TV Tuner/Capture Card: [TBD]
Since it doesn't seem that there is any 7900GT card equivalent to
ATI's All-In-Wonder options, I'm going to have to use a PCI slot for a
separate tuner/capture card. I'm open to suggestions, since I don't
see a clear leader here; I don't need a remote control as part of the
package, since I don't expect to use the PC for live viewing, just for
timed recording and for playback of hard drive or DVD content
controlled from the keyboard.
Sound Card: Creative Sound Blaster X-Fi Platinum
The one true no-brainer in this build; I'd go with the basic card, but
it seems the only way to get MIDI ports on this machine is to step up
to the Platinum just to get the I/O box (which I'll put in a bay between
the two optical drives to give them all better air circulation).
Hard Drive: Western Digital WD2500KS 250Mb or WD3200KS 320Mb
I've had good experience with WD to date and it's generally highly
regarded. I don't need the Raptor (more RPM but fewer GBs for more
money), and I don't think I need RAID. While some people recommend a
drive for OS and applications and another drive for data, I've found
that more say that a properly set up single large drive is as good or
better, even if a bit more risky in terms of loss from drive failure.
(Although my current computer has an internal tape drive, I'll
probably end up getting a matching external hard drive for major
backups and using CD-RWs or DVD-RWs for incrementals.)

Best way to go.
I'll pick whichever of the two drives listed
are the better buy at the time of purchase.
Optical Drive 1: Plextor PX-716A [DVD±R DL/RW & CD-R/RW]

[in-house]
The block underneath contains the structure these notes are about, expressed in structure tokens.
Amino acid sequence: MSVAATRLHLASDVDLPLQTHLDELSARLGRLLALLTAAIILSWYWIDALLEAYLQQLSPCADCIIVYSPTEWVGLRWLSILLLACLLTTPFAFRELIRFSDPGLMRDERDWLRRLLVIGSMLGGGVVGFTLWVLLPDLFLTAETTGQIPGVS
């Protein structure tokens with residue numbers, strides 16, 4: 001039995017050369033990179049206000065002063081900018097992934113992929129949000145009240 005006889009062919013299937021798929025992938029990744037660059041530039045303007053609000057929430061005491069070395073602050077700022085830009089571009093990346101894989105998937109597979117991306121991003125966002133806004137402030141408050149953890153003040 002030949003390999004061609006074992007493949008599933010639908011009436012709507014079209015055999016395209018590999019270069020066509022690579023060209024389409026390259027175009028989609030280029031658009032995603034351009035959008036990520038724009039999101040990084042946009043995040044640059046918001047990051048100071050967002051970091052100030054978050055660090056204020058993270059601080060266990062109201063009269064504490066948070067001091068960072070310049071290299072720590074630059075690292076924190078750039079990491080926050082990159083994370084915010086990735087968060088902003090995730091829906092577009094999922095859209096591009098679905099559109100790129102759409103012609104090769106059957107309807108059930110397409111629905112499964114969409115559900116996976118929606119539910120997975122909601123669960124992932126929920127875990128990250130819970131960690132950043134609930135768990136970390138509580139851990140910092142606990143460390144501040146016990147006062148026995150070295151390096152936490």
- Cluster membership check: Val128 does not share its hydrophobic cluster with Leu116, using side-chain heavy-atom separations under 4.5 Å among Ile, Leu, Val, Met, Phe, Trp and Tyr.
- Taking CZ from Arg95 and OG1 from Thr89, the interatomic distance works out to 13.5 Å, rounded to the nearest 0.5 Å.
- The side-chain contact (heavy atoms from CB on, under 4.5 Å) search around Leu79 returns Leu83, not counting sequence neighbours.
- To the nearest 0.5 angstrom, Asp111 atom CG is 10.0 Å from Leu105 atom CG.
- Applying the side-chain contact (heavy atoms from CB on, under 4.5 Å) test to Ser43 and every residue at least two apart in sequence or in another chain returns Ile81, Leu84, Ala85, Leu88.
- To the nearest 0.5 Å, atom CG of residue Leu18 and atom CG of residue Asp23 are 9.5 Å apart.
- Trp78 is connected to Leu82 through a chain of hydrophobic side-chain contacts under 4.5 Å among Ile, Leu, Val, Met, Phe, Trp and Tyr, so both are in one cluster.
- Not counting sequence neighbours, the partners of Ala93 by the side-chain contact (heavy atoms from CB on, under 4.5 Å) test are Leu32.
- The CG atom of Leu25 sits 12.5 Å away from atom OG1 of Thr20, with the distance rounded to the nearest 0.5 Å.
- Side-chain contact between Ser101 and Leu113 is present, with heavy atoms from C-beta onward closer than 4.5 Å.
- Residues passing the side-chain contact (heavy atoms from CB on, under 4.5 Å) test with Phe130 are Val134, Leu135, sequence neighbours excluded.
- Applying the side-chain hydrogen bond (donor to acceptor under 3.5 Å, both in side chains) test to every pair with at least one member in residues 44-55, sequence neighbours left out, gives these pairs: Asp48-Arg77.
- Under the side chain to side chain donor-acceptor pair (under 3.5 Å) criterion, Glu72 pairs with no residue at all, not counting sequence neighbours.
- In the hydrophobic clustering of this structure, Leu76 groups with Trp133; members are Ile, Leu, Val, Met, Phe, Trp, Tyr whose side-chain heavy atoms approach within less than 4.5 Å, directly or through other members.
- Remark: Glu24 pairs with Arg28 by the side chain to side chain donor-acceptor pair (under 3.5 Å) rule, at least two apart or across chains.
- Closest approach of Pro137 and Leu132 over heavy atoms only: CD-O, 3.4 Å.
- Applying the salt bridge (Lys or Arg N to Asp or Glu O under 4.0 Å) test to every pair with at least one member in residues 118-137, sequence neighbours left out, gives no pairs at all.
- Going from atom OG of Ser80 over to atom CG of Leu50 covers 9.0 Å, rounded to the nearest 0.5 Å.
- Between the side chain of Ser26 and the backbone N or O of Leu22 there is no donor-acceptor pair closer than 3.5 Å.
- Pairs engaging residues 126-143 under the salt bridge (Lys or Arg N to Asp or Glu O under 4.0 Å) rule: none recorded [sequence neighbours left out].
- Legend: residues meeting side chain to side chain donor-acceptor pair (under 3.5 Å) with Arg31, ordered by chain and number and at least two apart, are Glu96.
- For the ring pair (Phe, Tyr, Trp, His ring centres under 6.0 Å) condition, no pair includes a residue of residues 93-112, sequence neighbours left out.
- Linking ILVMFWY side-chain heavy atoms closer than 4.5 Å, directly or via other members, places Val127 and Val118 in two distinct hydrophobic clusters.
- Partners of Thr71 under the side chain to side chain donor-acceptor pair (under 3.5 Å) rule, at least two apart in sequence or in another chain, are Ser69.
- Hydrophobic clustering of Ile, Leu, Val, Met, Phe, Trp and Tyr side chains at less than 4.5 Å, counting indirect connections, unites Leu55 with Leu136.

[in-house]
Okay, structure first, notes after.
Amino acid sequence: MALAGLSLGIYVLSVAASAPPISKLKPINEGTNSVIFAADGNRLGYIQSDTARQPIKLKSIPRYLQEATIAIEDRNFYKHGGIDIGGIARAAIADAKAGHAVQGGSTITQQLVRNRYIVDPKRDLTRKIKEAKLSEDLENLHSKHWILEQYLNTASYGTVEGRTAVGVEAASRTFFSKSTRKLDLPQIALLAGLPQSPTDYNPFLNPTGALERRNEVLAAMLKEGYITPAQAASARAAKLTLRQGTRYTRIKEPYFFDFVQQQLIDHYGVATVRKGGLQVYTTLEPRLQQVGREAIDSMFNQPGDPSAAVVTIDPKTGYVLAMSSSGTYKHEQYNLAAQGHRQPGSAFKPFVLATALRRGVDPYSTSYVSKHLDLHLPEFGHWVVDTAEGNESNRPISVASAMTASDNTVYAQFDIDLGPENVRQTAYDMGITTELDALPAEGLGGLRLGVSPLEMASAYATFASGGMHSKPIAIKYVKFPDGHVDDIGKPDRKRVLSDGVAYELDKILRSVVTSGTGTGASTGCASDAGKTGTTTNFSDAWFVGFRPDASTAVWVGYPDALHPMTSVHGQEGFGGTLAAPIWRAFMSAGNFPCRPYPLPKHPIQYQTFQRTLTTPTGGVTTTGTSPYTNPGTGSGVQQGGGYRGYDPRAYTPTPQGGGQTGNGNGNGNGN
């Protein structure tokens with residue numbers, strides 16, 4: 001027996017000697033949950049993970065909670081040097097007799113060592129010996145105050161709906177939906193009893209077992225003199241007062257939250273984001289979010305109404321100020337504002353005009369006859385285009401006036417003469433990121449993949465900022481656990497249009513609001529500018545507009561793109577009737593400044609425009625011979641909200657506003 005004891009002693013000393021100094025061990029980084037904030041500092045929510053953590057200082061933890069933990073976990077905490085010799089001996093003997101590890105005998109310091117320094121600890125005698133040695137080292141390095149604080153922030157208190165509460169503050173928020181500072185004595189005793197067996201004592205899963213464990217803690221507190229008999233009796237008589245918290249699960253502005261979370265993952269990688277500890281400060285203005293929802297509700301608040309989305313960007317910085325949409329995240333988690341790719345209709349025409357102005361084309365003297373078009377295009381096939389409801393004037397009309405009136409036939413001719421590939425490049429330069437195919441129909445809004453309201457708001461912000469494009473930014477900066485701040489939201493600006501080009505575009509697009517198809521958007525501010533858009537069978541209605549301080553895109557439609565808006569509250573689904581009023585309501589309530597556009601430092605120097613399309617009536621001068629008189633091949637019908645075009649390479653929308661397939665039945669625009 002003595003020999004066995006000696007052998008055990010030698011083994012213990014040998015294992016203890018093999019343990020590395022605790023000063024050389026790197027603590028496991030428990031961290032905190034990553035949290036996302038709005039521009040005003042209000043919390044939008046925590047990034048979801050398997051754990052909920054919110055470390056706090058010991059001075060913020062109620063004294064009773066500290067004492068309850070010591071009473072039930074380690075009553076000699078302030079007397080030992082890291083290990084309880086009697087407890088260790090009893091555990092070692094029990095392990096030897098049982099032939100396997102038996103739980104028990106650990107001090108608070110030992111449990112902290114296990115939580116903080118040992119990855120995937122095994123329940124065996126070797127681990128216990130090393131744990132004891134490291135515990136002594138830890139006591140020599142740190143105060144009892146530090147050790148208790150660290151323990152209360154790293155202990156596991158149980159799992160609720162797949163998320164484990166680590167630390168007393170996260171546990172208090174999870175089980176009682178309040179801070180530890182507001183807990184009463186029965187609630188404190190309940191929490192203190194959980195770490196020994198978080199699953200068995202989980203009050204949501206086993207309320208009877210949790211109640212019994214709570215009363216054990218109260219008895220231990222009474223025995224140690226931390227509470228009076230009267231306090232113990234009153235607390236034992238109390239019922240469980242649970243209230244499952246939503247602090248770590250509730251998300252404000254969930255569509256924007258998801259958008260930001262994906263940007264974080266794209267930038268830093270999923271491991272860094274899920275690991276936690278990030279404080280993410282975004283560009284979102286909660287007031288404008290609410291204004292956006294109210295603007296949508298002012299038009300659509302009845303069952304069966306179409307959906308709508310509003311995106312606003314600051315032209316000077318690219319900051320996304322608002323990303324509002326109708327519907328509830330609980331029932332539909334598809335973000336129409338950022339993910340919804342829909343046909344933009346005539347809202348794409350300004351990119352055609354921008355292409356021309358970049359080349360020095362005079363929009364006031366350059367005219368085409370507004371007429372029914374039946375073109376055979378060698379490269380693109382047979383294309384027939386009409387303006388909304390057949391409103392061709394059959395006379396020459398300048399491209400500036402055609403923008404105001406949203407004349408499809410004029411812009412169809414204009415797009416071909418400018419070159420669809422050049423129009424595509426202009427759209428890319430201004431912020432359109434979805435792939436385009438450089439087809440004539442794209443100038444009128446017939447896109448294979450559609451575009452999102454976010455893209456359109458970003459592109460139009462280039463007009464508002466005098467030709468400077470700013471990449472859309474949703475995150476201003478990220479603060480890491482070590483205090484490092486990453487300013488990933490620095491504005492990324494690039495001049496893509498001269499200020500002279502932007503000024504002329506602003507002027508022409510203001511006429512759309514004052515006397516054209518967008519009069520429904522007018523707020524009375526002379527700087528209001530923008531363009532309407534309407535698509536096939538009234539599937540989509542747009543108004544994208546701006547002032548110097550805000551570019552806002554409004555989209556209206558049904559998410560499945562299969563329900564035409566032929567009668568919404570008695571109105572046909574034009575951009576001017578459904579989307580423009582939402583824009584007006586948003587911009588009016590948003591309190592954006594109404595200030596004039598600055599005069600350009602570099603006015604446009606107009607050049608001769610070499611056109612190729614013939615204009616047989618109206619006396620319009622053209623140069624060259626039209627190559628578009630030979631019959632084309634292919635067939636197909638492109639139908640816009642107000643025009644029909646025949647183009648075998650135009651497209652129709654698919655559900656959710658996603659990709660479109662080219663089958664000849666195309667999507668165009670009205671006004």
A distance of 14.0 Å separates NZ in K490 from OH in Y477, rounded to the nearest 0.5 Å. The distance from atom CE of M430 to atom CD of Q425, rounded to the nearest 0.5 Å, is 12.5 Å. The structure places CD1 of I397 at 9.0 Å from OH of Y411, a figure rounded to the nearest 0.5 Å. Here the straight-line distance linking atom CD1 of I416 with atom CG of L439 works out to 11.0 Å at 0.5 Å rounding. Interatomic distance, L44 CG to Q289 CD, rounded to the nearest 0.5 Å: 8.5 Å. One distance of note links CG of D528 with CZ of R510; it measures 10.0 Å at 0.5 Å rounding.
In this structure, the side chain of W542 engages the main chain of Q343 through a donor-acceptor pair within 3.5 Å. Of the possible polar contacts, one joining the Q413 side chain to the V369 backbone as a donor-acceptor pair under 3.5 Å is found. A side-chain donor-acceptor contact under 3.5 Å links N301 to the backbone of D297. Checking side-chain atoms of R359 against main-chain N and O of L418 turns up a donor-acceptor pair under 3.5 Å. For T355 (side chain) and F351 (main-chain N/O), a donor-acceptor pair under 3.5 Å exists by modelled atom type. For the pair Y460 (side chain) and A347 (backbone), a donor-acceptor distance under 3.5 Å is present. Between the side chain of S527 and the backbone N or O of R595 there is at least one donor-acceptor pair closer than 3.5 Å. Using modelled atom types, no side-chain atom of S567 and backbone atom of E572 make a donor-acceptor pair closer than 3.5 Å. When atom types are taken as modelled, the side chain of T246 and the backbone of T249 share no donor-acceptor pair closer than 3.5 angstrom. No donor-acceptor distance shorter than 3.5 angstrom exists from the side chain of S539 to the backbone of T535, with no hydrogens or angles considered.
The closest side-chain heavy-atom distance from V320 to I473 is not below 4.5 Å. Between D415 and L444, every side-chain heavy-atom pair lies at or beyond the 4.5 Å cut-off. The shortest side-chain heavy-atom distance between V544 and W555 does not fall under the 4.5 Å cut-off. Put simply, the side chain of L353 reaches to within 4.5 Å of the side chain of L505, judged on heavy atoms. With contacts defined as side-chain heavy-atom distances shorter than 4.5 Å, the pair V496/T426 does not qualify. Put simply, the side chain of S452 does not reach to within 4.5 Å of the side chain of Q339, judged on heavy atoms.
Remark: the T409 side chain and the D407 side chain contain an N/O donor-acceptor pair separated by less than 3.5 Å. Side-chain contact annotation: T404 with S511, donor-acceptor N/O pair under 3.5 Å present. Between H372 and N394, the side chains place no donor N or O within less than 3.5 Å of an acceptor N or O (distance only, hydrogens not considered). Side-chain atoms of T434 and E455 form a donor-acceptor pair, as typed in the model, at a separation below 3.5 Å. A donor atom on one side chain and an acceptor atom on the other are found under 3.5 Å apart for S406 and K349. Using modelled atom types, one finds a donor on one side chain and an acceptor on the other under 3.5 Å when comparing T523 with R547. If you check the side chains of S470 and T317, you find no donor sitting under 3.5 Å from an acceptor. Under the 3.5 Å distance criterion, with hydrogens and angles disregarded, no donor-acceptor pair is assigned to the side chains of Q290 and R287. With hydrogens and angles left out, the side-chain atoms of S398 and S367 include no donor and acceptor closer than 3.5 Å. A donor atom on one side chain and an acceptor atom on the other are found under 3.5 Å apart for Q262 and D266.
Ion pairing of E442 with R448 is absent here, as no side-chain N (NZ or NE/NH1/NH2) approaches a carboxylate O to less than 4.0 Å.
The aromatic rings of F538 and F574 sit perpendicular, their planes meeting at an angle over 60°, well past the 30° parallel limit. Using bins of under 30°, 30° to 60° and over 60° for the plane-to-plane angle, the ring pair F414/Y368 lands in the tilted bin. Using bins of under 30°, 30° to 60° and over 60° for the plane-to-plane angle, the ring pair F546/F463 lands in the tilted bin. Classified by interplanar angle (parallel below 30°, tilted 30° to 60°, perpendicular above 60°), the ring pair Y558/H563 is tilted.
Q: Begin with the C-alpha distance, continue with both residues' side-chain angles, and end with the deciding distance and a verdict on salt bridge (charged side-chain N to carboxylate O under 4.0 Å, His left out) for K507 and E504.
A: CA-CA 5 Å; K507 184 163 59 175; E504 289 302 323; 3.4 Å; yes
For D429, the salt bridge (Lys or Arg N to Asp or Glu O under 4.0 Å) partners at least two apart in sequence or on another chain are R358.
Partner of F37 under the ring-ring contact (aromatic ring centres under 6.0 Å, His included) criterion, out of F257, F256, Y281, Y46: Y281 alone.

Based on consistent rave reviews for the IDE version of this burner
(although highly negative ones for the SATA), this was an early
choice, although subsequent discovery that it is not officially deemed
compatible with the selected motherboard (a truly puzzling state of
affairs) raises questions. Anyone have any experience with this
combination? Any other drive recommendations in case this isn't
workable?
Optical Drive 2: Plextor PX-230A/SW(-BL)
Various guides recommend using a CD burner
over a combo burner for better CD writing,
Mad.

and since I expect I'll be burning more CD's than DVDs
(and doing little if any DVD-to-DVD copying) it seems
to make sense to go that route for the second drive.
Nope.

I picked the Plextor for its general reputation and likely
compatibility with the combo drive, though I've seen some
negative user comments; anyone have a better idea?

Yep, get an LG.
Modem: US Robotics USR5610b
Yes, I'm still on a dial-up connection, and more to the point, my boss
insists on using faxes instead of e-mail, so I want to be able to send
& receive them directly rather than having to use my outboard fax
machine,
which is not possible with DSL or cable broadband even if I had it.

No reason why you cant have both.
US Robotics seems to be the no-brainer choice
as it has been for many years; anyone disagree?

No need for it just for faxes.
Floppy Disk: [TBD]
Yes, I've still got lots of old stuff on floppies

Fark, wota dinosaur.
(though I did transfer my 5" ones to 3.5" several years
ago), and it's a useful option to have for emergencies.

Yes, particularly since they are so cheap.
My original plan was to use either the Mitsumi 404

There's no need to obsess about whats used in emergencys.
or Adaptec 7500 combo floppy disk/media card reader so
that I could do CD/MP3-to-SD card transfers for my sweetie,

Makes more sense to have a separate card writer.
but since she dumped me in July that's no longer a priority and
I can go with a plain vanilla disk drive (and add a media card reader
later if she ever comes back). Any favourites or ones to avoid?
Nope.

Power Supply: PC Power & Cooling Silencer 610 or 750
Early on in this process I had decided on PCP&C's Turbo-Cool 510,
even though I later found a configuration guide on their website
which instead recommended their Silencer 470. The newer
motherboard-specific Power Supply Selector currently on the site,
though, says that I need either the Silencer 610 or Silencer 750 for
this rig; however, if one uses their Power Usage Table it looks like
I need something pushing over 800 watts. Meantime, some "truth about
power supplies" sites I've read that say that my setup will rarely
draw much over 250 watts even at full blast. There's also the odd
situation practically no retailers carry this line (although Newegg
seems to have just added the Silencer 610), somewhat peculiar for